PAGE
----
ING: Hungary’s budget is looking extremely good

ING: Hungary’s budget is looking extremely good
The Hungarian year-to-date general government deficit came in at HUF 390bn - only 39.1% of the full-year target
By Peter Virovacz of ING July 9, 2019

The Hungarian year-to-date general government deficit came in at HUF 390bn - only 39.1% of the full-year target, but we can't really say if this good performance is here to stay

The June year-to-date balance of the cash flow based general government budget came in at HUF 390bn deficit. Firstly, this is way better than expected by the government, as it's only 39.1% of the full-year target. But since the mid-year performance of the budget isn't really proportionate, we can’t say this extremely good performance is here to stay.

However, the last time, when the budget was below the HUF 400bn deficit figure was way back in 2016. But by November 2016, the general budget was in balance, as the government then spent roughly HUF 900bn just in December.

Given this backdrop, we could say the budget situation is in a pretty good situation after all.

he largest chunk of the deficit is still tied to pre-financed EU projects. In 1H19, the government spent HUF 711bn on EU projects, while receiving only HUF 347bn from Brussels. The revenue side is still fuelled by the tight labour market and direct tax collection but revenues from indirect taxes are also skyrocketing not just on the domestic consumption side but also due to the retreat of the shadow economy.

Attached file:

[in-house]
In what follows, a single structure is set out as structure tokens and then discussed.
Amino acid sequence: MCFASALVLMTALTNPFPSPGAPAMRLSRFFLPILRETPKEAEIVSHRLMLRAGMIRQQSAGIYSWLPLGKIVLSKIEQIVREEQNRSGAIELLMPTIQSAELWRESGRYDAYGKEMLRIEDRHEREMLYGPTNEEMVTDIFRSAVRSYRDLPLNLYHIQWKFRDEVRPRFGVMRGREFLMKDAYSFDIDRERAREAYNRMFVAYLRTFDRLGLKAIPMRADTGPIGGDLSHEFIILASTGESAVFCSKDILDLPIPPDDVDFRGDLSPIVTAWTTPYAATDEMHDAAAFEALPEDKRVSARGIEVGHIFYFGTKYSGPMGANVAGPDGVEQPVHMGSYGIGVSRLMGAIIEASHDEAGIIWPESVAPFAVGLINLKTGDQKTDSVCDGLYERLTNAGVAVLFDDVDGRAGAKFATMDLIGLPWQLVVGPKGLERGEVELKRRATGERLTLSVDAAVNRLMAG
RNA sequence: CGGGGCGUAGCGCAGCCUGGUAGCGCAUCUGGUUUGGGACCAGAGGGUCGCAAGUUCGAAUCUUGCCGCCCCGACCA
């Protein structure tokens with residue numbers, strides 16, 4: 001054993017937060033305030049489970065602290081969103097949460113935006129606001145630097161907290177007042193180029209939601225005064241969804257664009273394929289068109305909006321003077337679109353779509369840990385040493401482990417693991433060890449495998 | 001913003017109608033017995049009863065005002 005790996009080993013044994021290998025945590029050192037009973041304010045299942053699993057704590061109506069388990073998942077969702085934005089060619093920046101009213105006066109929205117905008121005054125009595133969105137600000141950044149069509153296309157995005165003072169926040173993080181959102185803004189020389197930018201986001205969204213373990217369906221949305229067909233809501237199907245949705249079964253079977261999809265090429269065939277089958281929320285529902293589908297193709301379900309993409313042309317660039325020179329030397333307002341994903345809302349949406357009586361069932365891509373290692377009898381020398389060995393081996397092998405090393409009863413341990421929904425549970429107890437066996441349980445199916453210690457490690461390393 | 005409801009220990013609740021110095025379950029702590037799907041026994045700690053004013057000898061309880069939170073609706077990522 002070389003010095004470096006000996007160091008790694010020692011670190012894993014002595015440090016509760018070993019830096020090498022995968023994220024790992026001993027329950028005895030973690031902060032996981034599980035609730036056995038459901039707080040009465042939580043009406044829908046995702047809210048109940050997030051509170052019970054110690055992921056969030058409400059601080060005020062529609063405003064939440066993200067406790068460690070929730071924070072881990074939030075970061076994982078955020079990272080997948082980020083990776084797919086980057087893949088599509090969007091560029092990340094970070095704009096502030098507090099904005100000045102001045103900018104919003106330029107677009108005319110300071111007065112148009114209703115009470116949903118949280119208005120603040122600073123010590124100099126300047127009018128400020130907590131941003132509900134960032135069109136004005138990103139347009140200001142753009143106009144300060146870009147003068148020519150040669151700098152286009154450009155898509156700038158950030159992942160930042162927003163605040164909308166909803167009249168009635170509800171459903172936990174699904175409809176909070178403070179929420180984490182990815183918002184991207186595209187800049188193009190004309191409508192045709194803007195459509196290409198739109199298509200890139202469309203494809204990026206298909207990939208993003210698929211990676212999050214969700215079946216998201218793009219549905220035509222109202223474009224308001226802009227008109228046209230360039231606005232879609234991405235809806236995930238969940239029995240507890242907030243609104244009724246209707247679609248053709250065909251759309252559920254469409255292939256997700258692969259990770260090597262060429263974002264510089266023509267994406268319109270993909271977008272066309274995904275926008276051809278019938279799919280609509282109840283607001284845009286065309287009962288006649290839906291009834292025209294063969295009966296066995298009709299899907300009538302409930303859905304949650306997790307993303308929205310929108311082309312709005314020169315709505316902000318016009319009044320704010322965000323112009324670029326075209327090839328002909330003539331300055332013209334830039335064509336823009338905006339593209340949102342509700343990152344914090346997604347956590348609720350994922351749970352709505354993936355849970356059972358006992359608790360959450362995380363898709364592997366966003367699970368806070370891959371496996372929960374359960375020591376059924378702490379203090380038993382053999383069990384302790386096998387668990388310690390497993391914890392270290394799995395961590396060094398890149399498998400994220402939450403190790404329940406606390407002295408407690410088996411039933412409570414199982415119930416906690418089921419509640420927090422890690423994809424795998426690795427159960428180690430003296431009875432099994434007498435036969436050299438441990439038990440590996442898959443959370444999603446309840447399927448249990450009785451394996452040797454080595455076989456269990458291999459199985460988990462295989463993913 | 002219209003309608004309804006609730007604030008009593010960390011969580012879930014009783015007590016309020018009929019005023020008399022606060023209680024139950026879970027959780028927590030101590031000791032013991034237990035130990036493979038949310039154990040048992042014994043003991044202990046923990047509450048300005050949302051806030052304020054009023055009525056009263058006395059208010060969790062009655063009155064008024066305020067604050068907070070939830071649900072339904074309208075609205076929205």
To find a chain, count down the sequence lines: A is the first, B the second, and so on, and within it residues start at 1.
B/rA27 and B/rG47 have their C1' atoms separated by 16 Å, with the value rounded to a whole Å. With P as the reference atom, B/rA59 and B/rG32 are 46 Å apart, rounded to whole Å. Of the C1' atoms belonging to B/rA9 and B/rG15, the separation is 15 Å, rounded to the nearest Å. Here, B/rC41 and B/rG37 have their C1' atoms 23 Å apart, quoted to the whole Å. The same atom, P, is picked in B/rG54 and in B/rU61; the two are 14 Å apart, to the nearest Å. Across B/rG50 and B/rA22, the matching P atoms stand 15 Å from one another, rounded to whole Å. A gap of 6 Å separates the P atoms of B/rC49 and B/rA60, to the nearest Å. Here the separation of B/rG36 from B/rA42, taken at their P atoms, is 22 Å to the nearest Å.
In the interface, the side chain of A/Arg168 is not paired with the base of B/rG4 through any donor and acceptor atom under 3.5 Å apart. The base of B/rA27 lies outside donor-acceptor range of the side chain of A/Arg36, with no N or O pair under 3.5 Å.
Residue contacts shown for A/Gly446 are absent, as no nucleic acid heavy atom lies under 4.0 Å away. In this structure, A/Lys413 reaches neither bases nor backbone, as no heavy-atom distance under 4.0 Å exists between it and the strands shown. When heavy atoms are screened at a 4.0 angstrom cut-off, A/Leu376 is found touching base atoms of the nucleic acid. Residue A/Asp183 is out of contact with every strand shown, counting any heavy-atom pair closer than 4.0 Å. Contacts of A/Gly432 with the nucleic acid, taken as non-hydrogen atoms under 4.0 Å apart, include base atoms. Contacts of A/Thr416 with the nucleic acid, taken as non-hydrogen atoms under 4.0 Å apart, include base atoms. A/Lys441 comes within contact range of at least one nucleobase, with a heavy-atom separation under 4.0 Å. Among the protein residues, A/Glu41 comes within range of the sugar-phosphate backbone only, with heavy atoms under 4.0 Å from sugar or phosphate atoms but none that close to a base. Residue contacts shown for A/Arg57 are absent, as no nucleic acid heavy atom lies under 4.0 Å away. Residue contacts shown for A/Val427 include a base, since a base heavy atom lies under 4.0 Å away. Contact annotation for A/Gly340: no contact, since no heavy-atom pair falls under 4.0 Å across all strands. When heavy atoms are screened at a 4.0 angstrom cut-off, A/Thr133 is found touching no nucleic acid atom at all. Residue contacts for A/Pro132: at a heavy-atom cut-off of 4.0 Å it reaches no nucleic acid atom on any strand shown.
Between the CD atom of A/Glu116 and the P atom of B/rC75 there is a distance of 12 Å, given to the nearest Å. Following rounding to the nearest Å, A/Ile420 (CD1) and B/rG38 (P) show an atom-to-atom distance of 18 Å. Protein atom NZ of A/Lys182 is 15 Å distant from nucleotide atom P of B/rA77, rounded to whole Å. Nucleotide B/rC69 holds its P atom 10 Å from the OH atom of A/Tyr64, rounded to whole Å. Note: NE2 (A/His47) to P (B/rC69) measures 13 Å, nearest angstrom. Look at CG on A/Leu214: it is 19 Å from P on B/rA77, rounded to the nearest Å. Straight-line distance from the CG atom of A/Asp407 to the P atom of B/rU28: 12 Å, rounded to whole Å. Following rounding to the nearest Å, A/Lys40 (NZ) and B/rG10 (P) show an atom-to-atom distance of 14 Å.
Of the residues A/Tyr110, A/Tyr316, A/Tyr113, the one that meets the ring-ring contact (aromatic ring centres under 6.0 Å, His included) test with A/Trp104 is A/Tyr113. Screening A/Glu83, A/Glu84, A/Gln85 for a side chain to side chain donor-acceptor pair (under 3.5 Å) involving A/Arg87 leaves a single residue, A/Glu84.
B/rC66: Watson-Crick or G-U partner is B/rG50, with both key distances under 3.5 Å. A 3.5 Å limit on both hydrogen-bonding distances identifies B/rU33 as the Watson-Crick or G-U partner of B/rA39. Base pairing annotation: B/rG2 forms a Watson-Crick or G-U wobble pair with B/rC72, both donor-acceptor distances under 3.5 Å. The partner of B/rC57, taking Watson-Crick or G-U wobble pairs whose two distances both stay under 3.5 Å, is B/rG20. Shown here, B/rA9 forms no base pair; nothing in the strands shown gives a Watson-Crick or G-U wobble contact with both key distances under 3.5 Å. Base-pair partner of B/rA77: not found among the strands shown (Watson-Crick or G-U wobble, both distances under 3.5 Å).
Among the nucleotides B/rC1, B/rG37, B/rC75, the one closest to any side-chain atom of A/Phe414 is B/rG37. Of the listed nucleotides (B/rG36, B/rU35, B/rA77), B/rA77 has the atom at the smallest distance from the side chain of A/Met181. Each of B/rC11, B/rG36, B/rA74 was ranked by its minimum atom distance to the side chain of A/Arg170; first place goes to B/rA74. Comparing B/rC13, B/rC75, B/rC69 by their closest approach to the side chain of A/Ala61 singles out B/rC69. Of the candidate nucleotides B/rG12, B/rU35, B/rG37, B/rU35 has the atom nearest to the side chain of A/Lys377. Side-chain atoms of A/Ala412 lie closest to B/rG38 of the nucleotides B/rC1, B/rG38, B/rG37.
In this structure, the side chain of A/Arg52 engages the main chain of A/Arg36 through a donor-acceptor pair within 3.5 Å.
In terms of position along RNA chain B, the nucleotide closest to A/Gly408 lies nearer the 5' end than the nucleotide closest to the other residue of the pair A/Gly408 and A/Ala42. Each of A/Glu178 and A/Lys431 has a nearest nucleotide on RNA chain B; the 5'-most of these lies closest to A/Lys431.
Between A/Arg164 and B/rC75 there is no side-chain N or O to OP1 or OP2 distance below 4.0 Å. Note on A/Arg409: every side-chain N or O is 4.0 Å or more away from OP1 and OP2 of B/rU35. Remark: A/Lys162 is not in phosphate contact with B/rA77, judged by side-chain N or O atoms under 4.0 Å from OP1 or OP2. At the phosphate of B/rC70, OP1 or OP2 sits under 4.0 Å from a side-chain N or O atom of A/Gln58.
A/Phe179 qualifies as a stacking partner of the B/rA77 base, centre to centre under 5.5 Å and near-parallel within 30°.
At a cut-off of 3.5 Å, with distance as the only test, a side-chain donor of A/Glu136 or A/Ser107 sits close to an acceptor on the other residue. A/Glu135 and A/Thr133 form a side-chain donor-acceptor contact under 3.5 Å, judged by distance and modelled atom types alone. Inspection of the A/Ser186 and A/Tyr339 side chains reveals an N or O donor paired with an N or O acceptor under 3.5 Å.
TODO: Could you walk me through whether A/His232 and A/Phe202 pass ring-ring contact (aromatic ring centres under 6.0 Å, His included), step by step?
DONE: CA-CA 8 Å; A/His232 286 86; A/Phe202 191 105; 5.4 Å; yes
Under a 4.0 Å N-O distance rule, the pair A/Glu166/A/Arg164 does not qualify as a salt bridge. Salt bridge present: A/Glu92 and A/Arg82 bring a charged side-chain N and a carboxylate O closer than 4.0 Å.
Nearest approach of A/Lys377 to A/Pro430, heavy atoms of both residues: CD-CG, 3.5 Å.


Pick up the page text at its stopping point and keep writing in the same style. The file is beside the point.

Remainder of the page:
Finally, one last comparison, which speaks volumes about this year’s outstanding budgetary performance: considering the nominal GDP generated in the past 12 months (containing our estimation for 2Q19), the deficit-to-GDP ratio in the last four quarters sits at 0.9%. In our view, it would take a major downturn for the budget to not to meet the 1.8% deficit target by the year-end.

The better-than-planned cash-flow budget is one thing. In the meantime, there is a strong demand for retail bonds, which have increased significantly due to the introduction of the new five-year retail bond. The combination of these two could easily mean the Debt Management Agency needs to do something to not issue more debt than required.

It seems quite unrealistic, that the debt agent will try to dampen the demand for retail bonds. Rather, we see the start buy-back auctions in eurobonds decreasing the FX share of the public debt and/or cutting the supply of Hungarian government bonds as we get closer to the year-end.


Peter Virovacz is an economist with ING. This note first appeared on ING’s “Think” portal here.

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